# Training a model based on polynomial regression and then putting that into a linear regression, vs just using the linear regression

I'm doing some machine learning work in python with sklearn. Basically the problem is trying to predict how long an event will take based on 4 correlated pieces of data. What I've been doing is I have four polynomial regression trained on each piece of data respectively. Then I take the output of these polynomial regressions and train a linear regression based on that. Testing this against historically data has show that the two step process has about 10% less sum-squared-error than just using the linear regression. Should I not be doing it this way? What is the theory behind just using a one step process vs. using both steps?

• I agree with D.W.'s answer in that you should use what works, however I am inclined to disagree with your proposed two-step solution. The main reason being that it is likely just overfitting your data. When you say you take the "output" do you mean the predicted values? And then you refit a joint model using the predicted values against $y$? – Nicholas Mancuso Sep 9 '16 at 17:40

There's no one answer about how you should/shouldn't do it. There are two perspectives out there:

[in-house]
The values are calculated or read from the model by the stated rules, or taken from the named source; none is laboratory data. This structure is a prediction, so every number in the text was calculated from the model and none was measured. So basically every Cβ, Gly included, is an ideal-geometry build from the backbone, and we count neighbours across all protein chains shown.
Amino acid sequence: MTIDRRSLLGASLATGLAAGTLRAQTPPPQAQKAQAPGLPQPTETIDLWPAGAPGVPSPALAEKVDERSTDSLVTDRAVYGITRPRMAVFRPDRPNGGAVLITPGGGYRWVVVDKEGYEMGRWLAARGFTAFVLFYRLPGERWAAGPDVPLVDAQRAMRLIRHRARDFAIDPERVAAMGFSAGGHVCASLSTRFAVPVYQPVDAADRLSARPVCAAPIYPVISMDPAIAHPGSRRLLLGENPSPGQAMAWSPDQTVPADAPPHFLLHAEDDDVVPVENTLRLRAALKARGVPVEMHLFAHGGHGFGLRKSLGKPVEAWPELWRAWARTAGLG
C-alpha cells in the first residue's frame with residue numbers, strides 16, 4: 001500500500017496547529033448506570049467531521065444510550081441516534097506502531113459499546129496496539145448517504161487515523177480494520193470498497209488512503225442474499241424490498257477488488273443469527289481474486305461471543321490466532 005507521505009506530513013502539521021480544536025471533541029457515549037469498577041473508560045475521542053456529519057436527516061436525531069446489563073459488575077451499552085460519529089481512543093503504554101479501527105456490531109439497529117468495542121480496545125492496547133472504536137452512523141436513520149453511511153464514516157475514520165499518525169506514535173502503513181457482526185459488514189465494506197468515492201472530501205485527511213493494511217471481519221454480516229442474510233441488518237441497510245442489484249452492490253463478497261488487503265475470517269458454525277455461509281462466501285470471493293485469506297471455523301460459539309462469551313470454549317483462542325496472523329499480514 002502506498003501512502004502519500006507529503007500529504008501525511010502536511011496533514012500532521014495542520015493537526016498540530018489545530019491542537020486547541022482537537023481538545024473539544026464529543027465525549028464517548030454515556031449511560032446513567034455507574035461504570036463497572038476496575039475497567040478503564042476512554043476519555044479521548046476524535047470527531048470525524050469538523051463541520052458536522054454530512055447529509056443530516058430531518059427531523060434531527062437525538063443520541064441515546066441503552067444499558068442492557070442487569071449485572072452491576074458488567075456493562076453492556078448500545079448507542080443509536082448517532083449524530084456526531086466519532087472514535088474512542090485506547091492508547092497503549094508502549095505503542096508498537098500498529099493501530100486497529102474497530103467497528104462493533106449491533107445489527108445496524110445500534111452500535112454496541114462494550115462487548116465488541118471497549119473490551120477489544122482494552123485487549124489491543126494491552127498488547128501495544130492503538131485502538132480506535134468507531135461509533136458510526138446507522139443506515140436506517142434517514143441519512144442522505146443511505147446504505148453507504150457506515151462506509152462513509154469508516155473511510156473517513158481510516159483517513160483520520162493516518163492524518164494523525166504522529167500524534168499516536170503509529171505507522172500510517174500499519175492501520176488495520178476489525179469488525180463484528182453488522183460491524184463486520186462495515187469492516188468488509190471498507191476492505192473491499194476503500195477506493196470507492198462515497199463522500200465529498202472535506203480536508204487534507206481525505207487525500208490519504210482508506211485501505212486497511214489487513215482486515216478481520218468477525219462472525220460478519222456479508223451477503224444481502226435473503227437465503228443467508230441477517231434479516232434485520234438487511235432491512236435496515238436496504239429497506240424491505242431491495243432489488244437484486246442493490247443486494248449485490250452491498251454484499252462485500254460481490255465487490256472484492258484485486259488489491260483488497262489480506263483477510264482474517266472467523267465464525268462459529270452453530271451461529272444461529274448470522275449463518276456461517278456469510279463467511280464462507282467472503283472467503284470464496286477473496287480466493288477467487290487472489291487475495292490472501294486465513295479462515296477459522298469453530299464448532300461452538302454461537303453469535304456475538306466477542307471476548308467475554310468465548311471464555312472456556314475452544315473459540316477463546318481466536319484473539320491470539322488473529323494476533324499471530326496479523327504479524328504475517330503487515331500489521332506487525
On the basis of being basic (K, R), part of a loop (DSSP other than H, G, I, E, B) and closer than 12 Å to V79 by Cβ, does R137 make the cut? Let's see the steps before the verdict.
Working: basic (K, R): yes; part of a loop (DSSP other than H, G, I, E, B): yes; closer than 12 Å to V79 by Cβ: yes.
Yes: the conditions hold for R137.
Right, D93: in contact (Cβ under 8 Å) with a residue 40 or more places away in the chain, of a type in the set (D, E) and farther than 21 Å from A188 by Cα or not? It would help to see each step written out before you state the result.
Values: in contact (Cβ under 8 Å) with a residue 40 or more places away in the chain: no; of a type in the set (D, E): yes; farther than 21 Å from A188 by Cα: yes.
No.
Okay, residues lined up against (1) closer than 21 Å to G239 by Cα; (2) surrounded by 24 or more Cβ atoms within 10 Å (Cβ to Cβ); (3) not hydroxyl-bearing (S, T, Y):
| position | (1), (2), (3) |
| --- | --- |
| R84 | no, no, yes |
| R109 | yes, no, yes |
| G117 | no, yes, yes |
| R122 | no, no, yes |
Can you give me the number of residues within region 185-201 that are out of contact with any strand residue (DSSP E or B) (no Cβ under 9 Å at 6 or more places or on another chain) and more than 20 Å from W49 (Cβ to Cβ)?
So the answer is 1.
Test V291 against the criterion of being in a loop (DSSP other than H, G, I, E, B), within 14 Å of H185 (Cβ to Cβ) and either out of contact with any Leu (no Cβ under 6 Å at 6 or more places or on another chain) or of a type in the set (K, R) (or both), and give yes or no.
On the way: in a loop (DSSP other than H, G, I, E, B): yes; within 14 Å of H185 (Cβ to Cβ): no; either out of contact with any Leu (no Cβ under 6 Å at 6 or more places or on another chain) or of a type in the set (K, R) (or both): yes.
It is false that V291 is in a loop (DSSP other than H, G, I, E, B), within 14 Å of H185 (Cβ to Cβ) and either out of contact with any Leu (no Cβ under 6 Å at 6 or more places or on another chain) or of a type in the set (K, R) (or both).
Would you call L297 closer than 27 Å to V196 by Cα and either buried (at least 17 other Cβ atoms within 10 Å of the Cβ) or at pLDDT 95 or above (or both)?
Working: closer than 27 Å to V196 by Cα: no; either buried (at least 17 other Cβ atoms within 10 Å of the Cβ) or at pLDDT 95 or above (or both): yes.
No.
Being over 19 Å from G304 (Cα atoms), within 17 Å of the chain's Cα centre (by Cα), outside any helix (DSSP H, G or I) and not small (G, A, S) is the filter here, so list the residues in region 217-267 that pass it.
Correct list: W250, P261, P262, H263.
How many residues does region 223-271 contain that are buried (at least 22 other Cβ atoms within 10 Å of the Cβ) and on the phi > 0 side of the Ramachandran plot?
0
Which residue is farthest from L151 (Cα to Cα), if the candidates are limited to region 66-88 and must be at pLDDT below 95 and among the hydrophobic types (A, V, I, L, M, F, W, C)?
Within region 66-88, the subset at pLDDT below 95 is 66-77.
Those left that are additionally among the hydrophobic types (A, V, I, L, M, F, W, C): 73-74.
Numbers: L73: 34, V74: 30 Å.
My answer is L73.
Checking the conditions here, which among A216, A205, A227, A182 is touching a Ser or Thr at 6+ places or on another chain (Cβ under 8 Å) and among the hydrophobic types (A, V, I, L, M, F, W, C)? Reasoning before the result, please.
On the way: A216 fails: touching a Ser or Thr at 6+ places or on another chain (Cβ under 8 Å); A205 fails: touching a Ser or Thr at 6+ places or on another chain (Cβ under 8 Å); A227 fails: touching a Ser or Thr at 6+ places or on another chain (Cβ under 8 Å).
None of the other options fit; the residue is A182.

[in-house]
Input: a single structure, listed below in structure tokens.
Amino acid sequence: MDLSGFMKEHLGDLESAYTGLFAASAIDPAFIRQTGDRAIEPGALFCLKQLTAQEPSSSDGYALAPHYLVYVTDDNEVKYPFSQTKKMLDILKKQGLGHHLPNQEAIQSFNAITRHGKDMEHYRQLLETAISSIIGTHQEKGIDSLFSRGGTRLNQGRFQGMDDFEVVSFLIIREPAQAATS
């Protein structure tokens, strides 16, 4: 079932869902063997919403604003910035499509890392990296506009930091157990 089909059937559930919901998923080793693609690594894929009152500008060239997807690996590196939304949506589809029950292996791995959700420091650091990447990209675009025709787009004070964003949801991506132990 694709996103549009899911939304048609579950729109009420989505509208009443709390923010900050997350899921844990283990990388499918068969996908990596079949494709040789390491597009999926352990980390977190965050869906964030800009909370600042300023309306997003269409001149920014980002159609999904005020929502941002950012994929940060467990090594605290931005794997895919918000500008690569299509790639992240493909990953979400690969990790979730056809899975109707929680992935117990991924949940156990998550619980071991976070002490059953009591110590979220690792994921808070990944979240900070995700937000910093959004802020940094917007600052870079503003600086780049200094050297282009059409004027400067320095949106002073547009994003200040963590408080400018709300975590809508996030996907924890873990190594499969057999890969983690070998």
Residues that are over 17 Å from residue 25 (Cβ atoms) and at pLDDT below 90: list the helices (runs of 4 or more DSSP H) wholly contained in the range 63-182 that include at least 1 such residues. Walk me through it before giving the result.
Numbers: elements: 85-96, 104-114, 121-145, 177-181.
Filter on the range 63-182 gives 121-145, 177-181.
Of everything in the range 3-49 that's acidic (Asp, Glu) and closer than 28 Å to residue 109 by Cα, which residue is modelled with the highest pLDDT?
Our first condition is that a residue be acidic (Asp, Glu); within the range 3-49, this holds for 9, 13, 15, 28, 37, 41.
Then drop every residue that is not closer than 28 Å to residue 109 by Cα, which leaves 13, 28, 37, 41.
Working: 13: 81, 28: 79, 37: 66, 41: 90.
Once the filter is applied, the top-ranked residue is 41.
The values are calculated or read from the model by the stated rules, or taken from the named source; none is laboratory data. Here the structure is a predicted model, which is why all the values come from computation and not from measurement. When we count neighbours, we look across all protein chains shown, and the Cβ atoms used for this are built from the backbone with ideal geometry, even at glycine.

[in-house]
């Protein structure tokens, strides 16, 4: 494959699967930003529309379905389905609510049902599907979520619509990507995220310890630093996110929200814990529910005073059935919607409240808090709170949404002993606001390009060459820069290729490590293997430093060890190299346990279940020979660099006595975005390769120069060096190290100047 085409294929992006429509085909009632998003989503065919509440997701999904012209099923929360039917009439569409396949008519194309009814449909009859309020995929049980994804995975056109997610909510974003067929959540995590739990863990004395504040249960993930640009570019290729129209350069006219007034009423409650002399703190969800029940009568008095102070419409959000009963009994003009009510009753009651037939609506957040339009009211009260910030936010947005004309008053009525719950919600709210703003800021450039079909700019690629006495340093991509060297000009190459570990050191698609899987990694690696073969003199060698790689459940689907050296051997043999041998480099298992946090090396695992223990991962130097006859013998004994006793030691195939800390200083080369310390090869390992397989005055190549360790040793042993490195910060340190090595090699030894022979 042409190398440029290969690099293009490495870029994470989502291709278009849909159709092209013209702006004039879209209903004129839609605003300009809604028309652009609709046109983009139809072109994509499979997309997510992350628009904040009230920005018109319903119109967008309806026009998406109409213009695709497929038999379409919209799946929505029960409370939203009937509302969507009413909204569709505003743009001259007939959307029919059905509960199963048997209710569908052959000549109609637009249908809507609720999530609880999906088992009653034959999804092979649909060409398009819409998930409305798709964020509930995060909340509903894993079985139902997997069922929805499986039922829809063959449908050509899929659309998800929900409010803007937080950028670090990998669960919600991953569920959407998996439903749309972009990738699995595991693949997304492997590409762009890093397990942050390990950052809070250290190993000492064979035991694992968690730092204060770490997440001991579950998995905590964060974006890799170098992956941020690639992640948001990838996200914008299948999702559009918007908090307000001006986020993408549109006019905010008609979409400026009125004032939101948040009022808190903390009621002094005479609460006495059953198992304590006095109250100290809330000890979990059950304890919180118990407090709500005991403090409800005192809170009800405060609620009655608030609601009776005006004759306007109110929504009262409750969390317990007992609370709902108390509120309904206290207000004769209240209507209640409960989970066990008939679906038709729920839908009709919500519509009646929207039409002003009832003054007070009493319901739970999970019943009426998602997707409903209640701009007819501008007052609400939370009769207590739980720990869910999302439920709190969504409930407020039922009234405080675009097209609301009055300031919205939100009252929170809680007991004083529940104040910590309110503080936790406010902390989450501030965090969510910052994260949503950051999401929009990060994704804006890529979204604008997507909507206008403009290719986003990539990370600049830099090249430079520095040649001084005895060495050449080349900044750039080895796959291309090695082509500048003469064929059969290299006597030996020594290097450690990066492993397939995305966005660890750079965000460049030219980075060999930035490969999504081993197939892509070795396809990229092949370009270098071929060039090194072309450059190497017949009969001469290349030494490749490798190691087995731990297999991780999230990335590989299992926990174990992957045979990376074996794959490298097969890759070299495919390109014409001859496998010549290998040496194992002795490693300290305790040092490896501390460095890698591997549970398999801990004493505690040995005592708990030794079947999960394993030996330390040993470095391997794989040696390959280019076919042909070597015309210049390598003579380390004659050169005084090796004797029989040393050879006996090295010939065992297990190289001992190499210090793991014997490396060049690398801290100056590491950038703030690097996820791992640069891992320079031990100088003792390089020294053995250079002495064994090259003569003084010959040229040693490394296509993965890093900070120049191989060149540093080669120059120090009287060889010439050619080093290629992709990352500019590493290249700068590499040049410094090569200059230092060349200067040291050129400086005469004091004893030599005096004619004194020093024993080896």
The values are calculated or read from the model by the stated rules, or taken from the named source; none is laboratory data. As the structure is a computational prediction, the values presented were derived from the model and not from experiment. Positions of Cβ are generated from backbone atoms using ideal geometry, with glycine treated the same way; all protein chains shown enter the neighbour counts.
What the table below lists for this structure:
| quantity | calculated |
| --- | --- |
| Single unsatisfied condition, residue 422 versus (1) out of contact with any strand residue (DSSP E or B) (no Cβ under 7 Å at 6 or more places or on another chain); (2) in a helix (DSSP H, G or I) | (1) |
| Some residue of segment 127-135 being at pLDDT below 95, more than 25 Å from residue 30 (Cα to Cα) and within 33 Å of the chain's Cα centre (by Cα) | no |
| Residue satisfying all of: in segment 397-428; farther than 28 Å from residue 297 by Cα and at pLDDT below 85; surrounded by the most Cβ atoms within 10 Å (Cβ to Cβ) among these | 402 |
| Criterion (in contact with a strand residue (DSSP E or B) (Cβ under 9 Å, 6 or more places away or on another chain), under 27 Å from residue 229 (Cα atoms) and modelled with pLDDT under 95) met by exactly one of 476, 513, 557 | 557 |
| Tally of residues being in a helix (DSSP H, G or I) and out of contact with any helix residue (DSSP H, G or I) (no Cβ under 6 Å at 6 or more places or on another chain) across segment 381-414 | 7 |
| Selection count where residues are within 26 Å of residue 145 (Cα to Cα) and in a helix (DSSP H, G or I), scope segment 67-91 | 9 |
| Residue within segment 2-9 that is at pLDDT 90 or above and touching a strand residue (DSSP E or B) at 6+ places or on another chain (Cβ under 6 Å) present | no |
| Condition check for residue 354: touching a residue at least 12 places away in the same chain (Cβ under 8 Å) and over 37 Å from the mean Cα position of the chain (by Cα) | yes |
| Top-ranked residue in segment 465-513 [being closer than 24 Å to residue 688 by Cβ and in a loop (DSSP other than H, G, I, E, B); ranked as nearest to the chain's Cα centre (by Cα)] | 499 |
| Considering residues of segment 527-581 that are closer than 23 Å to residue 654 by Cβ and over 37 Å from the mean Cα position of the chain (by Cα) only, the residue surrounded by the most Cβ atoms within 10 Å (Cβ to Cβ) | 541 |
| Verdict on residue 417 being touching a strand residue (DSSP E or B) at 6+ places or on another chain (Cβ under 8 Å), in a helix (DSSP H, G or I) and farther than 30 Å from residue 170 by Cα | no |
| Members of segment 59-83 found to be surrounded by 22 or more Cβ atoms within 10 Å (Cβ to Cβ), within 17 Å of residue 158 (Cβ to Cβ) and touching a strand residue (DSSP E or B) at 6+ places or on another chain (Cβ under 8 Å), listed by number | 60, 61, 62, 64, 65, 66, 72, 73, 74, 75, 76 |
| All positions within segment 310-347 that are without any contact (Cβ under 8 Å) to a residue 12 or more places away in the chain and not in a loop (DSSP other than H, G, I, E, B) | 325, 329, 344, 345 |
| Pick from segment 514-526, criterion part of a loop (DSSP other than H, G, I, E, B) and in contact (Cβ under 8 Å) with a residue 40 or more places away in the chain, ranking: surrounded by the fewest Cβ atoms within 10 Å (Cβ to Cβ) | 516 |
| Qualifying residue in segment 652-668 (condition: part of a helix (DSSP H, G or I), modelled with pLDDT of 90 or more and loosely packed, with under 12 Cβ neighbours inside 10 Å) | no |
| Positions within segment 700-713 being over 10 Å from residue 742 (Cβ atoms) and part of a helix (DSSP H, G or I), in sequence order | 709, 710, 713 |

If it works, go for it. One perspective is: if it gives good results, that's all that matters. So, if you get more accurate regression, great for you. Try a bunch of approaches and pick whatever works best (taking care to avoid overfitting).

Model the underlying phenomenom. The other perspective is: choose a model that represents how the underlying physical process works. So, from this perspective, we can't say what you should do, since you haven't told us how the underlying process works; we have no basis for evaluating whether that's a reasonable way to model reality.

There are many possible models one could imagine that map 4 continuous features $x_1,x_2,x_3,x_4$ to a continuous output $y$. You could use linear regression:

$$y = a_1 x_1 + a_2 x_2 + a_3 x_3 + a_4 x_4 + b$$

Or you could use polynomial regression:

$$y = p(x_1,x_2,x_3,x_4)$$

where $p(\cdot)$ is some multivariate polynomial in 4 variables with degree at most $d$ (for some $d$ you choose). Or you could use what you're doing:

$$y = a_1 p_1(x_1) + a_2 p_2(x_2) + a_3 p_3(x_3) + a_4 p_4(x_4) + b$$

where $p_1(\cdot),\dots,p_4(\cdot)$ are univariate polynomials with degree at most $d$.

Or you could fit some other nonlinear function (see nonlinear regression), or fit a piecewise linear function, or use cubic splines, or use kernel smoothing or LOESS regression (see local regression). There are so many options. We can't tell you which to use from the information you've provided.

Advice. Usually, a good rule of thumb is that if you understand the underlying process well, use a model that matches the underlying reality. If you don't know the underlying process, try multiple approaches and see which works best (using cross-validation to avoid overfitting).